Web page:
"I hate fractions"

- Everyone

Today an amazing thing happened; students put aside the endemic disdain for rational numbers and had a conversation. I'd go further, they weren't discussing their views on fractions, they were collectively conjecturing--the moves of the room enacted each other. I don't think that a written document can capture the movement of the body of learners, but I have to try something. Think of it as less of a

*remembering*and more of a*re-membering*, a reconstruction of a living learning event from the past.
My intern and I have worked at fostering a spirit of collectivity in our grade nine classrooms. This begins with a starter problem where they are asked to respond and fully explain their thinking in whichever modality they are most comfortable with. After a partner discussion, the teacher anticipates, orders, and debriefs different ideas that appeared. Today, my intern gave a starter on fractions as an introduction to a review day. The thinking was mind blowing. The purpose of this post is hence two-fold: 1) try to capture the spirit of collectivity and 2) an open job application to school divisions looking for a fantastic teacher-to-be.

The *question was as follows:

Place four different digits (2-9) and one operation ( +, -, *, / ) in the boxes to create an expression with the . Explain your thinking. largest result possible |

There were three amazing pieces of thinking that came from the collective that would not have occurred if their thinking wouldn't have met perturbations.

1) She began by collecting answers from the class and placing them on the board. They stood as artefacts of intelligence, but needed to be investigated. As she asked probing questions, the following conversation occurred (paraphrased, of course).

Teacher: How do you know this is the largest?

Student 1: Because I made the bottoms as small as I could.

Student 2: Denominators.

Teacher: Right, denominators. So you chose 2 and 3?

Student 1: Yes, because they were the smallest, the best.

Student 2: Because you said we couldn't use 1.

Student 1: We would have used 1, because it is the best.

Teacher: 1 is the best denominator?

Student 3: Yes, well no, zero would be the best. It is as small as possible.

Many Classmates: No! Can't divide by zero! Zero doesn't work! etc.

Student 3: I know you can't, but if you could, it would make the largest number.

The interesting (and very mathematical) idea of "best" comes out of the students' method of making a claim and supporting further claims based on their classmates. Student 3 is following a pattern established by the other two. When he takes it past the area where they were comfortable, the collective self-corrected. I'm not sure it gets to this moment with teacher questioning; the teacher constantly deflects back to the collective.

2) Quickly after this discussion on division by zero subsided, another student made a conjecture and the collective employed rules to decide whether the move was mathematically legal.

Student 1: We could make the fraction bigger by adding a number.

Teacher: How do you mean?

Student 1: Like if we took a digit, 4, and put it out in front of the fraction. (

*motioning to create a mixed number*)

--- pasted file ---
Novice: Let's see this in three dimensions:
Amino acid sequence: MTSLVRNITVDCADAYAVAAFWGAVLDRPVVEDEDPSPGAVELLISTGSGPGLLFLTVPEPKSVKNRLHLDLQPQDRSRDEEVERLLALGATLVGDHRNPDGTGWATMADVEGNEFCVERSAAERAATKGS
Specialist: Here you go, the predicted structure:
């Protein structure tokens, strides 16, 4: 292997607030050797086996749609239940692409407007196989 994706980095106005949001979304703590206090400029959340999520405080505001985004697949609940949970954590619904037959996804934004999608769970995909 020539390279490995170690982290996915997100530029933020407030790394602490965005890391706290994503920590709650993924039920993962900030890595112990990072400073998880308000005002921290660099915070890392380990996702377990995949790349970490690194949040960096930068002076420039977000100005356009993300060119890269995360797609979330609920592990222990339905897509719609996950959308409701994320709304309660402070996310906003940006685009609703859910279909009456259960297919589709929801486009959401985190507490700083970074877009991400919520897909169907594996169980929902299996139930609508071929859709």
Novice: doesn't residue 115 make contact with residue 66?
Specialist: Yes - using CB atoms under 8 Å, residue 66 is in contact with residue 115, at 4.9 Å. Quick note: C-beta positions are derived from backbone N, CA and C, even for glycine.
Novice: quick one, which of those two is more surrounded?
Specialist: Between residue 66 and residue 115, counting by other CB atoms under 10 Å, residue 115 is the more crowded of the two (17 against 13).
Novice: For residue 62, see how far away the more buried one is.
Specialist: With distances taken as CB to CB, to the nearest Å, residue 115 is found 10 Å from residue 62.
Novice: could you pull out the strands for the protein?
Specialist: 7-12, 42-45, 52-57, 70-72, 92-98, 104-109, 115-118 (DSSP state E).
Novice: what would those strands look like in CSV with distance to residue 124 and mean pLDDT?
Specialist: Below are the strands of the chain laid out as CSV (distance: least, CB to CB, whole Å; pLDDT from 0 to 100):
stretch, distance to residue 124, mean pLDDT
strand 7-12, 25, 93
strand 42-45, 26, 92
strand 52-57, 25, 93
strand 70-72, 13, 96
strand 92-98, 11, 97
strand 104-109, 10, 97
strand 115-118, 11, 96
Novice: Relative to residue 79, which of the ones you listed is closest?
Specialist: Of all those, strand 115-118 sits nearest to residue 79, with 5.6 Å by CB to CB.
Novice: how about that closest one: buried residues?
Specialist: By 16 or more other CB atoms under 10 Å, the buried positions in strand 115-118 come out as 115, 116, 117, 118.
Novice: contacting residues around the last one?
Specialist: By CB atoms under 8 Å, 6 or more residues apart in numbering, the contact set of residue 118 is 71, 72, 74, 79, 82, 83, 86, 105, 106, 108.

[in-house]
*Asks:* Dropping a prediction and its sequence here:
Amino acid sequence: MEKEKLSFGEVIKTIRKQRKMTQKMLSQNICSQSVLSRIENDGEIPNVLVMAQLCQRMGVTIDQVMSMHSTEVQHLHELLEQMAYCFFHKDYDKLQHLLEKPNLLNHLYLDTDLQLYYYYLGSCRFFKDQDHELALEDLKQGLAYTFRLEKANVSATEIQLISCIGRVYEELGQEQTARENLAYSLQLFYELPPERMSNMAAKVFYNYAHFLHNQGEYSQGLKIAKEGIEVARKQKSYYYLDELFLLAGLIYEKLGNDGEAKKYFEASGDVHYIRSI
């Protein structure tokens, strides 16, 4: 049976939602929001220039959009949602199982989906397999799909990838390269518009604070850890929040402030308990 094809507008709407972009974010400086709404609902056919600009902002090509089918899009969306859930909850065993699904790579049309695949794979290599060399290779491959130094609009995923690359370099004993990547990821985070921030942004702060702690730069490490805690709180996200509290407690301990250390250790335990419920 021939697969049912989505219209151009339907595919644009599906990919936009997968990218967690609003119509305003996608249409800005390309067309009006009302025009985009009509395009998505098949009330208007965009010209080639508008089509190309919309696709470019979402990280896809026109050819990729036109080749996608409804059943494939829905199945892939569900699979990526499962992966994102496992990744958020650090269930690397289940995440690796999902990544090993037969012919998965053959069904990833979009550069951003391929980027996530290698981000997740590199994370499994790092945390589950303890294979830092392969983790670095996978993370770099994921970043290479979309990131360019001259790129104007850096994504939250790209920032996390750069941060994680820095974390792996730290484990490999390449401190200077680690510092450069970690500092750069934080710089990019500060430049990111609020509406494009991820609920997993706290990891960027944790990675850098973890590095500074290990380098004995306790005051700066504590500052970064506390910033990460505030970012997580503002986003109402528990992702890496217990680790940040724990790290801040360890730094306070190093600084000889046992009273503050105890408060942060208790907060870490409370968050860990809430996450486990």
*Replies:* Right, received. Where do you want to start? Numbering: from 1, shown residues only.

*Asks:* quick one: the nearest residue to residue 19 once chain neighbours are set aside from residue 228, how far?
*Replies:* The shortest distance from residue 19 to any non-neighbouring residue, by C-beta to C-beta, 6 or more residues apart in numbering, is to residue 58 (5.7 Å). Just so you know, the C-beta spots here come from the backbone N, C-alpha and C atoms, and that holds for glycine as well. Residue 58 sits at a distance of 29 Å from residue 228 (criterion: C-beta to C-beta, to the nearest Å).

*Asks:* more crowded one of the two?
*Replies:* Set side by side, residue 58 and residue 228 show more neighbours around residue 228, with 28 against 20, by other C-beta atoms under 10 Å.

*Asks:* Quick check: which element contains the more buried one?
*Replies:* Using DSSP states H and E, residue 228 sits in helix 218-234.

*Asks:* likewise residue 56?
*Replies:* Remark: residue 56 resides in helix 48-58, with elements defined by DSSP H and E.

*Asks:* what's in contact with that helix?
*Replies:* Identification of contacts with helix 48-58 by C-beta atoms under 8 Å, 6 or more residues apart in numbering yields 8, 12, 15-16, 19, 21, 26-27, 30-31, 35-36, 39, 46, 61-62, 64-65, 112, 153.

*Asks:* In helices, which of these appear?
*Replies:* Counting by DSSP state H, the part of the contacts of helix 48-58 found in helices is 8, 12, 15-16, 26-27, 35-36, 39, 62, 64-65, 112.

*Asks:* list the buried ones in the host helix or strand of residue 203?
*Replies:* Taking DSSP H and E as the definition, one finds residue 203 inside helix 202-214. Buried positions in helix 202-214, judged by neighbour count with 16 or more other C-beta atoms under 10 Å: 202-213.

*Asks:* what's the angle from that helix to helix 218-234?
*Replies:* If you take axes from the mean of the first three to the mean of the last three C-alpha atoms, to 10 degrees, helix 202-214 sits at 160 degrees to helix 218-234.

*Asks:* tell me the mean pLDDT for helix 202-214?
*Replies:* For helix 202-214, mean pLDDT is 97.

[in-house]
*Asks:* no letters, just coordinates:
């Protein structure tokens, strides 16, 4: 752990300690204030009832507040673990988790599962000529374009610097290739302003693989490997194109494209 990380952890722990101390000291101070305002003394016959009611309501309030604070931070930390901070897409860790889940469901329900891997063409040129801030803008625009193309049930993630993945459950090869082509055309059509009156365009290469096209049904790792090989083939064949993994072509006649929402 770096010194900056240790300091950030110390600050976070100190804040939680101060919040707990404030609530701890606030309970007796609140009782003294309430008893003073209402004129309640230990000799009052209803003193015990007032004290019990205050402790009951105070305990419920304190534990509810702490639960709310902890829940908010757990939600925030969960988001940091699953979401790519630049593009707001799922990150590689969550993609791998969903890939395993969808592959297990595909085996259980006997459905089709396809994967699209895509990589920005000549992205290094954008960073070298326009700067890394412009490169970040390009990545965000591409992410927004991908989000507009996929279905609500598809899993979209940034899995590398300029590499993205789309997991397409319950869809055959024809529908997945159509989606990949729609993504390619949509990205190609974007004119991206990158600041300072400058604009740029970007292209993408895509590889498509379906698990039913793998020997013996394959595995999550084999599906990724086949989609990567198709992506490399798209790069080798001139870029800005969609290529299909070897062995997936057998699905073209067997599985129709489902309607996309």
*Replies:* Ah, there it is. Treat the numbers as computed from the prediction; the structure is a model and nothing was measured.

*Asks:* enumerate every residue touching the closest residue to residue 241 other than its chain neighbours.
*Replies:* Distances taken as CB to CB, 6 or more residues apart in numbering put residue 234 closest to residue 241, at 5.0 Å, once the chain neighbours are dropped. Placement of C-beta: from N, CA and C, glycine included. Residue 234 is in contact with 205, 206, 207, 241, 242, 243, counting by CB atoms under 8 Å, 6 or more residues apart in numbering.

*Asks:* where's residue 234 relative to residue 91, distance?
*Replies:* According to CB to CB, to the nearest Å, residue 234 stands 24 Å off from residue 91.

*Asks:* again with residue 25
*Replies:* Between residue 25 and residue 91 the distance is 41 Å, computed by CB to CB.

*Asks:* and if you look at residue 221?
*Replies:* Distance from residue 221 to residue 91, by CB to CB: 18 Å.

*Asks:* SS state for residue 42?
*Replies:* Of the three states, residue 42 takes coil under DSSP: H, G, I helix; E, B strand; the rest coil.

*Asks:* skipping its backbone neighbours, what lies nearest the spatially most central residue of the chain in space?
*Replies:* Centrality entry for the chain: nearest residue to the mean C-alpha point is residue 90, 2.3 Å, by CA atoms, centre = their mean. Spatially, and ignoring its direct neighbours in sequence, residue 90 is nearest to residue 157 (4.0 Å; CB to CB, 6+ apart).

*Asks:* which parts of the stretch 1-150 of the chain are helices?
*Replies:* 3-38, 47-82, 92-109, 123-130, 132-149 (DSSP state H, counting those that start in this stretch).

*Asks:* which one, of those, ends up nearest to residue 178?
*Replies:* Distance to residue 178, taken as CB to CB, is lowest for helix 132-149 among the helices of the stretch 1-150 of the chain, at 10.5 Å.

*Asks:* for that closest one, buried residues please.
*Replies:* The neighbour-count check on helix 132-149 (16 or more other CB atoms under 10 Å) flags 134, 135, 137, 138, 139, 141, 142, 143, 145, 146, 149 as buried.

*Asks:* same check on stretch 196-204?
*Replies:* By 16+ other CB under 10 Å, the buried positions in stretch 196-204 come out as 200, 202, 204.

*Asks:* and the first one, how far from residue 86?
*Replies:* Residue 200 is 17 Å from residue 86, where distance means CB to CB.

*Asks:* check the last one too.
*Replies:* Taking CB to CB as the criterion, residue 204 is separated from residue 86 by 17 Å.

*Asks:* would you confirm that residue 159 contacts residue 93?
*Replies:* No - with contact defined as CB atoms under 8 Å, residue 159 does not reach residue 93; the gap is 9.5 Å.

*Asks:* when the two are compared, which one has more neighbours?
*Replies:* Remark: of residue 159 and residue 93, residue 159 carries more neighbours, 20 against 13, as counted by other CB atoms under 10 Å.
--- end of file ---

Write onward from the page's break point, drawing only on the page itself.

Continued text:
Student 2: But that wasn't the question.

Student 1: I know, but it would always make it bigger.

Teacher: Creating a mixed fraction would always make it bigger?

Student 2: Yes, they are wholes.

Student 3: But that can't work.

Student 1: Why?

Student 3: Because you can't add a whole to an improper fraction? It already has wholes?

Student 1: But this would just add wholes?

Teacher: Adding wholes makes it bigger?

Here, we see the conceptual understanding of fractions (wholes make things bigger) and legalistic understanding of mathematics (can't be improper and mixed) at war. The students do not shy away from making a suggestion even though they are aware that the question forbade it. They are operating on proscriptive barriers and the question doesn't restrict their function. Notice how little the teacher says; the students form conclusions with each other.

3) At the tail end of the discussion, my intern asked if anyone used addition. One student raised their hand and offered their solution. In a familiar line of questioning, she tried to explain why 2 and 3 would be the ideal denominators.

Student 1: Because they are the smallest.

Student 2: But, wait, they don't create the smallest number.

Student 1: Fewer pieces, larger.

Teacher: What do you mean?

Student 2: 2 and 3 make 6, but 2 and 4 make 4.

Teacher: When we add?

Student 2: Yes. Common denominator.

This initially blew my mind. What an astute comment to make. The chosen numbers would not create the smallest common denominator, so would they still create the largest fraction? Student 2 did not entertain an additive strategy until Student 1 suggested it; it was her explanation that spurred Student 2 to wonder about the effect of common factors in creating the largest possible fractions. While it may seem like the collectivity is one-sided, the thinking formed through communal action recursively challenges the entire class.

What stands out to me is three things:

1) A simple question that allows for student action is the first step toward collectivity.

2) The depth of thought the students achieved.

3) The collective interplay of their thoughts when given the arena to collide.

I hear you:

"But I don't have time"

"My students are too weak"

In the end, it took the provision of a space, curation of conjectures, and presentation of a perturbation to open up collective space.